• Avoid extra sugar, because we get enough in food,
  • Avoid or limit alcoholic beverages, and DO NOT mix them with energy drinks.

If you must imbibe caffeine, then regular coffee, one to two cups per day (allowing no other caffeine that day) is the safest caffeine you can consume. We know about the caffeine in coffee, but the lack of regulation on “energy” drinks should be a red flag.

 

In conclusion, does anybody “need” “energy” drinks? No. It is my opinion that these drinks should not be labeled “energy” drinks, but, rather, “stimulant” drinks. A stimulant is a drug, and that is what these drinks are. As with any addiction, it is best to break the habit.

 

For further reading, and more information on stimulant drinks, visit these Web sites:

CNN:
https://www.cnn.com/2017/04/26/health/energy-drinks-health-concerns-explainer/index.html

WebMD:
https://www.webmd.com/food-recipes/features/whats-the-buzz-about-energy-drinks#1

National Institutes of Health:
https://nccih.nih.gov/health/energy-drinks

Mayo Clnic:
https://www.mayoclinic.org/healthy-lifestyle/nutrition-and-healthy-eating/expert-answers/energy-drinks/faq-20058349

U.S. News and World Report:
https://health.usnews.com/health-news/health-wellness/articles/2015/01/16/are-energy-drinks-really-that-bad

Energy Drinks Lawsuit:
https://www.energydrinkslawsuit.com/fda-regulate-energy-drinks/

American Heart Association, Sugar 101:
http://www.heart.org/HEARTORG/HealthyLiving/HealthyEating/Nutrition/Sugar-101_UCM_306024_Article.jsp#.WtDqhIjwaUk

SFGate, FDA recommended sodium intake:
http://healthyeating.sfgate.com/fda-recommended-sodium-intake-1873.html

Healthline, L-Carnitine:
https://www.healthline.com/nutrition/l-carnitine

Caffeineinformer.com, 20 harmful effects of caffeine:
https://www.caffeineinformer.com/harmful-effects-of-caffeine

LiveScience.com, Is caffeine bad for kids?:
https://www.livescience.com/36164-caffeine-bad-kids.html

Johns Hopkins Medicine, Are vitamin supplements beneficial?:
https://www.hopkinsmedicine.org/health/healthy_aging/healthy_body/is-there-really-any-benefit-to-multivitamins

The Sunshine Vitamin:

Benefits of Vitamin D

By Kirsten Falcone, RN
Hilbert College Wellness Center

As the medical world makes discoveries, often what we think we have learned flies out the window. An example that quickly comes to mind is the discussion regarding the amount of coffee to drink, or how much red wine is a good thing. Should you get a suntan or stay in the shade? Is avoiding fat in your diet always a good thing? What about sodium? It seems the experts are always changing their minds. But in the case of vitamin D, the optimistic discoveries keep adding up, and you may find them thought provoking.

What is vitamin D, and why do we need it? Your body needs vitamin D, a “fat-soluble” vitamin, to function properly. Fat-soluble vitamins need dietary fat in order to be absorbed into the body, and they are also stored in fatty tissues for future use. There are two kinds of vitamin D—vitamin D2 (found in food) and vitamin D3 (photosynthesized in the skin), but, for the sake of this article, we will refer to both simply as vitamin D.  Vitamin D is most well-known for helping your body absorb calcium and thereby keeping bones strong and healthy, but vitamin D also:

  • May lower the risk of respiratory infections.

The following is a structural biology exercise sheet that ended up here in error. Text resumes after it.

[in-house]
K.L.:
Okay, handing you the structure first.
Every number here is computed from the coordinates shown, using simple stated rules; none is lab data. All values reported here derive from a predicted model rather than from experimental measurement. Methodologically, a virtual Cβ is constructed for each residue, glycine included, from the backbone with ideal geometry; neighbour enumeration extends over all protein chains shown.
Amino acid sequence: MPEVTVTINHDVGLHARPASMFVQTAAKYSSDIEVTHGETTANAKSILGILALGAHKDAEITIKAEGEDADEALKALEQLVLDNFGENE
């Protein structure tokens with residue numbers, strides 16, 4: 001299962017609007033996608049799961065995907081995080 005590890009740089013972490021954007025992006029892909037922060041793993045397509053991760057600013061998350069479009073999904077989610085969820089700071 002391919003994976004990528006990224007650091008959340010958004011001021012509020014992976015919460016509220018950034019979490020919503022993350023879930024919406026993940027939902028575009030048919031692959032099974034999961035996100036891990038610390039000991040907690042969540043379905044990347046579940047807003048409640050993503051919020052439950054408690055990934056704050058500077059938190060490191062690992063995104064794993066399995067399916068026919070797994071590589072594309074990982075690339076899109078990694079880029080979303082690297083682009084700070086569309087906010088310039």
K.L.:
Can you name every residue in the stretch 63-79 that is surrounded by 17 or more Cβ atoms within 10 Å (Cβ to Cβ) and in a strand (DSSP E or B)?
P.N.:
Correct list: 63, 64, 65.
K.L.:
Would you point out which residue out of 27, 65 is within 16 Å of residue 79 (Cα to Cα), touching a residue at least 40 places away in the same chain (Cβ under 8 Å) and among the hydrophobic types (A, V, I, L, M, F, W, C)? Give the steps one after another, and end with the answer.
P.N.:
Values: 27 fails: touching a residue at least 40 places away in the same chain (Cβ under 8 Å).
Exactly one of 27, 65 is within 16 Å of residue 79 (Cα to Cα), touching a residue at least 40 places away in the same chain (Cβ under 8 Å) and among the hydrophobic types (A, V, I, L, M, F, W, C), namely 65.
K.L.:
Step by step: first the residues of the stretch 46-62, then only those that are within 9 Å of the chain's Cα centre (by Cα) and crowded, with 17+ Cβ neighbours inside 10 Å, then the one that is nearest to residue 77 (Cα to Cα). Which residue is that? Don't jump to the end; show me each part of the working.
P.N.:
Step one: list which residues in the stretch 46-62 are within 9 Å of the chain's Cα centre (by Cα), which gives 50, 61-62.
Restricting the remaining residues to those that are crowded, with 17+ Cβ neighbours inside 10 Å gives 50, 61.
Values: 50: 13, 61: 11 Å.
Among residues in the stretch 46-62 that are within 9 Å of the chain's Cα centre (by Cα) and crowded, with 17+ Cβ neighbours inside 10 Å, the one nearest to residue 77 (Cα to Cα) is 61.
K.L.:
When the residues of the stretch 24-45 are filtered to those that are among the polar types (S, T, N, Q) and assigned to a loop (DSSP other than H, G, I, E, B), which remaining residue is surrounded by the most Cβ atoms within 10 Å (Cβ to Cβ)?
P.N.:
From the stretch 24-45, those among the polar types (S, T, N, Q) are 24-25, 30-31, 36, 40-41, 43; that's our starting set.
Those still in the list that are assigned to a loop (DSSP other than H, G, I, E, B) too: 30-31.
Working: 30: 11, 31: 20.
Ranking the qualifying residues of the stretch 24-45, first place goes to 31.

• Increases muscle strength.
  • Helps prevent certain types of cancer.
  • Plays a role in type 1 and 2 diabetes prevention.
  • May be helpful with some forms of arthritis.
  • Defends against aggressive breast cancer.
  • Lessens the symptoms of depression.
  • Helps protect against multiple sclerosis and its symptoms.
  • Protects against age-related bone loss.
  • May protect against cardiovascular disease.
  • Possibly contributes to successful weight loss in obese patients.
  • Helps improve cognitive health.
  • Helps relieve plaque-type psoriasis in some people, if used topically.

How can our bodies acquire vitamin D? Vitamin D can be acquired in three ways. One way is by exposing our skin to the ultraviolet rays of the sun. This sets off a chain reaction involving skin cholesterol, the liver and the kidneys, until converting into a compound the body can use. This compound assists the electrolyte calcium in strengthening bones. The second way the body acquires vitamin D is in food.  Supplements are the third way, and they should be used as a last resort (see below).

Here are some tips for acquiring vitamin D:

  • When outdoors, apply sunscreen after about 20 minutes (longer for darker skin), so enough of the ultraviolet rays can be absorbed. (Vitamin D deficiency is higher in black Americans, according to a 2012 CDC report, estimated at 31 percent.)
  • Expose yourself to the sun when it is highest in the sky, between the hours of 9:00 a.m. and 3:00 p.m. (Be careful to avoid sunburn, by putting on sunscreen after 20 minutes or more, depending on your skin pigmentation.)
  • Live closer to the equator. People in the northern half of the United States, and anywhere north of 40 degrees latitude are less likely to be exposed to enough ultraviolet light. (The 40 degree latitude line can be drawn horizontally across approximately the center of the United States.)
  • Eat foods, such as salmon, swordfish, mackerel, tuna, sardines, egg yolk, beef liver, mushrooms, and fortified foods, such as cereal, orange juice and milk.
  • The recommended daily allowance (RDA) for vitamin D is 600 International Units (IU) for people up to 70 years of age, and 800 IU for those older than 71.
  • Vitamin D is considered a fat-soluble vitamin, which simply means it can be stored in your body for when you need it. You cannot overdose on vitamin D synthesized from sunlight or from food, but it is possible to overdose on supplements. Symptoms of a vitamin D overdose are weakness, mental confusion, diarrhea, vomiting, loss of appetite, and calcium deposit formations in tissues such as the liver, kidneys and heart.